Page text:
With wedding season among us I thought it would be fun to talk about the history of the wedding dress. The most common, and highly debated part of dresses is their color. Were they always white? The answer, not at all.
In ancient times, brides wore bright colors to show their happiness for such a special occasion. For example, in Athens brides wore reds and violets. As time went on, we still see colorful dresses during Medieval Times. Brides during this time period would wear blue, red, yellow, or green. The most popular color was blue because it represented purity. As the Renaissance hit burgundy became the color of choice. We also see a corseted, bell shaped, long trained dress come about.
It is not until Queen Victoria and her marriage to Prince Albert of Saxe in 1840 that we see the white wedding dress. As I stated before, the color blue represented purity, not white as many of us have been led to believe. What white did represent was wealth. I suppose that it makes perfect sense for a future queen to wear white! It is said she chose white to help bring out the beautiful handmade lace throughout her dress.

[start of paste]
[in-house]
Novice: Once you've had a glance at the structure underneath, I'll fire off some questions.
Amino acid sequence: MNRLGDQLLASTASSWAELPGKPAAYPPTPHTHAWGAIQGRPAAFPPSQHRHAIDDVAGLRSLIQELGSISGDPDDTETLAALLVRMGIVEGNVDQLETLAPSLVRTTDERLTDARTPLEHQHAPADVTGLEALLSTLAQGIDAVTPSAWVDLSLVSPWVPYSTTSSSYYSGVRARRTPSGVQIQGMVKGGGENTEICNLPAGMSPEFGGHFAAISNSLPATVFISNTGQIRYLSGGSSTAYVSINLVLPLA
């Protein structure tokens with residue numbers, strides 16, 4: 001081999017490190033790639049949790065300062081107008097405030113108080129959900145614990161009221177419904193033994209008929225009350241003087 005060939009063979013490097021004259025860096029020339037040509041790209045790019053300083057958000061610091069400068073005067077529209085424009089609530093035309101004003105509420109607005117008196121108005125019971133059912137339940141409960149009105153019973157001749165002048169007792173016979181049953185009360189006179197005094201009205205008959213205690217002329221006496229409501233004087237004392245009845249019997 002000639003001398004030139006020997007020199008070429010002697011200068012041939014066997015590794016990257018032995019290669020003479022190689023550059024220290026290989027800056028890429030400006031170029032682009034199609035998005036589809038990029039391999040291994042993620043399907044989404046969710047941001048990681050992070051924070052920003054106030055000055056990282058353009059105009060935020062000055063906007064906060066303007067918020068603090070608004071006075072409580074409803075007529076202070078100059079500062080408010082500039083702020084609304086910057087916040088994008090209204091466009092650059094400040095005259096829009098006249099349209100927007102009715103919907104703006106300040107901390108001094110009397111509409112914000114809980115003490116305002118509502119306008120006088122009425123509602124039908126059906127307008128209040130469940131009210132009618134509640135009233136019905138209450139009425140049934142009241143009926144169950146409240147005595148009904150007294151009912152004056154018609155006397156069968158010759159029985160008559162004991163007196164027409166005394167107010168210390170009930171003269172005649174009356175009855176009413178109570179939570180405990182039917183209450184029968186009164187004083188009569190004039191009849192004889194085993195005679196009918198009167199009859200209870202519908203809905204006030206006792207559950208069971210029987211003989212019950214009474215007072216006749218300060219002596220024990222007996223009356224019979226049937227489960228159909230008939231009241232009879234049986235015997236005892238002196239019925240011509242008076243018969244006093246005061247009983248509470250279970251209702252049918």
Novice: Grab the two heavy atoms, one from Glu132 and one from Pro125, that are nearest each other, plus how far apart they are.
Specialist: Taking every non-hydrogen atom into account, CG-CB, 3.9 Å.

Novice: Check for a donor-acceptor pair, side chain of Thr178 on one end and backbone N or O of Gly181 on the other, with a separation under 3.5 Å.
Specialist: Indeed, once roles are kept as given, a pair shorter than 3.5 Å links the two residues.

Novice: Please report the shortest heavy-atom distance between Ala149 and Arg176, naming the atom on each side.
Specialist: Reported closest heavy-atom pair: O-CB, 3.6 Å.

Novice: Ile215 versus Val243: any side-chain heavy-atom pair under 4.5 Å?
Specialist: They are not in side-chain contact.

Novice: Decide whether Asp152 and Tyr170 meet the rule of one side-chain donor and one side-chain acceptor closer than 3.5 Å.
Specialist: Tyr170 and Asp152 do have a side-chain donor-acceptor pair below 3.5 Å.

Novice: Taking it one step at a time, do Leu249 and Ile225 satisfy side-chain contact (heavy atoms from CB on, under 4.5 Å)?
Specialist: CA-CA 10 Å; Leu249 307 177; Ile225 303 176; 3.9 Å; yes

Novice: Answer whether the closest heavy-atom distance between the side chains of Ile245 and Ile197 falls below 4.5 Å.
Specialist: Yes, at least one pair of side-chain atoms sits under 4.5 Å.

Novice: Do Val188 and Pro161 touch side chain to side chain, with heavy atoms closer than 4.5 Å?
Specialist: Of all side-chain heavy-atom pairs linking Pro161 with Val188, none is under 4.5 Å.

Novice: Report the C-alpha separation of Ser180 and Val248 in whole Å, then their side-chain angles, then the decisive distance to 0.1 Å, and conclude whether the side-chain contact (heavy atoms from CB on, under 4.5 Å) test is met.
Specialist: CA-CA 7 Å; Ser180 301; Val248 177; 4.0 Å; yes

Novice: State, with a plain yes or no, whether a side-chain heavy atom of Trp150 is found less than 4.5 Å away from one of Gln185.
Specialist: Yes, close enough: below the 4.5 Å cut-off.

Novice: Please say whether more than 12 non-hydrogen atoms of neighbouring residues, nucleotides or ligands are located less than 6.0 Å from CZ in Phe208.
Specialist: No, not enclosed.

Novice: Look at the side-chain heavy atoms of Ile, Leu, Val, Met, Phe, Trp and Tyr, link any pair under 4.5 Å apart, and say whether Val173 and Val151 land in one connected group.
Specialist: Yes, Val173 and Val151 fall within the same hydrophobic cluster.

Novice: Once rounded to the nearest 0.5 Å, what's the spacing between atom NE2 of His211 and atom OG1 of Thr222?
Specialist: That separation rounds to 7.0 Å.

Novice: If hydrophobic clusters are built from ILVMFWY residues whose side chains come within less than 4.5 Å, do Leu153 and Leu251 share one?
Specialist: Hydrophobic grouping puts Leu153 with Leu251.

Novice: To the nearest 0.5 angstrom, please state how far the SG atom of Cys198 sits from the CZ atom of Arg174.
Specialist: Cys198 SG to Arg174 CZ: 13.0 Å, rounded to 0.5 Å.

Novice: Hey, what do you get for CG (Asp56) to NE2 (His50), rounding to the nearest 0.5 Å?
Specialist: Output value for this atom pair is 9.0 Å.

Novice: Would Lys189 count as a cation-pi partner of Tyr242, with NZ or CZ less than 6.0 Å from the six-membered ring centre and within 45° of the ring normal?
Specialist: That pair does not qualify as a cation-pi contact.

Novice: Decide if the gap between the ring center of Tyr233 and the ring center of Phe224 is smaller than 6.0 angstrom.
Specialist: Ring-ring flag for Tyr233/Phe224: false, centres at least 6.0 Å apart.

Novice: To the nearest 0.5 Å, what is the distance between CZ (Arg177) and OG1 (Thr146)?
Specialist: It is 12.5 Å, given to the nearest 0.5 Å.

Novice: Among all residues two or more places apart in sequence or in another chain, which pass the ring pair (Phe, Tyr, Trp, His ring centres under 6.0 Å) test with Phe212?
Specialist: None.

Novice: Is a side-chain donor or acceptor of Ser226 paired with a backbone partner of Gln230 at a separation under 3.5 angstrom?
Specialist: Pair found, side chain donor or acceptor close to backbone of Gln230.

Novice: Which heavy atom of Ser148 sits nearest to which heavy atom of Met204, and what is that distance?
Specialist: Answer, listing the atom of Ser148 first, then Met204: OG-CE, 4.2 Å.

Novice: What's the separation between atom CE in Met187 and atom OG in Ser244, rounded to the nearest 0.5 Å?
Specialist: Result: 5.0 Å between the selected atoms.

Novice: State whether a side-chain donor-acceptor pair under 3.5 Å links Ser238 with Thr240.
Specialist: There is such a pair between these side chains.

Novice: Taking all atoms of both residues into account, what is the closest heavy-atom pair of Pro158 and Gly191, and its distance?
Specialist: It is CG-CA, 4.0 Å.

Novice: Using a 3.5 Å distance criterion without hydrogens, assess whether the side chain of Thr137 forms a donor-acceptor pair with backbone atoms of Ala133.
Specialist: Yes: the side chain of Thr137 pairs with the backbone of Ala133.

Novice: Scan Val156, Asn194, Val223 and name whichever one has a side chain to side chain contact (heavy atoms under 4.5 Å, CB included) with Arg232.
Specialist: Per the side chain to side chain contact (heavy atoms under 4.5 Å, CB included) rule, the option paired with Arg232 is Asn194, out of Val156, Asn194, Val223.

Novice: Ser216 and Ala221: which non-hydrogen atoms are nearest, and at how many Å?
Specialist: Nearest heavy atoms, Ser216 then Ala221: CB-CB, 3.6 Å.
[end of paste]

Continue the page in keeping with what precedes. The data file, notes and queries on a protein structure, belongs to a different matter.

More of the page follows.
It was after her wedding that the color white became so popular. Other women of higher status at that time wanted to be like the queen and show their wealth.
Today we still see white as the main choice for many women, however; off-whites and champagne are also popular. Women also like to add some bling or other colors through belts, shoes, and other accessories. There are so many options nowadays it can get a bit overwhelming.
To conclude this blog, I wanted to give a big thank you to our recent donors. This year we have received two beautiful wedding dresses along with their veils from local Erie women. The first is from Jennifer Holland who was married on March 23, 1991, at the First Presbyterian Church of the Covenant. The other, Geraldine Ann (Miland) Hammond who married Leslie Eugene Hammond at The First Presbyterian Church on Elmwood Avenue here in Erie, PA. We appreciate our donors and love to share their stories.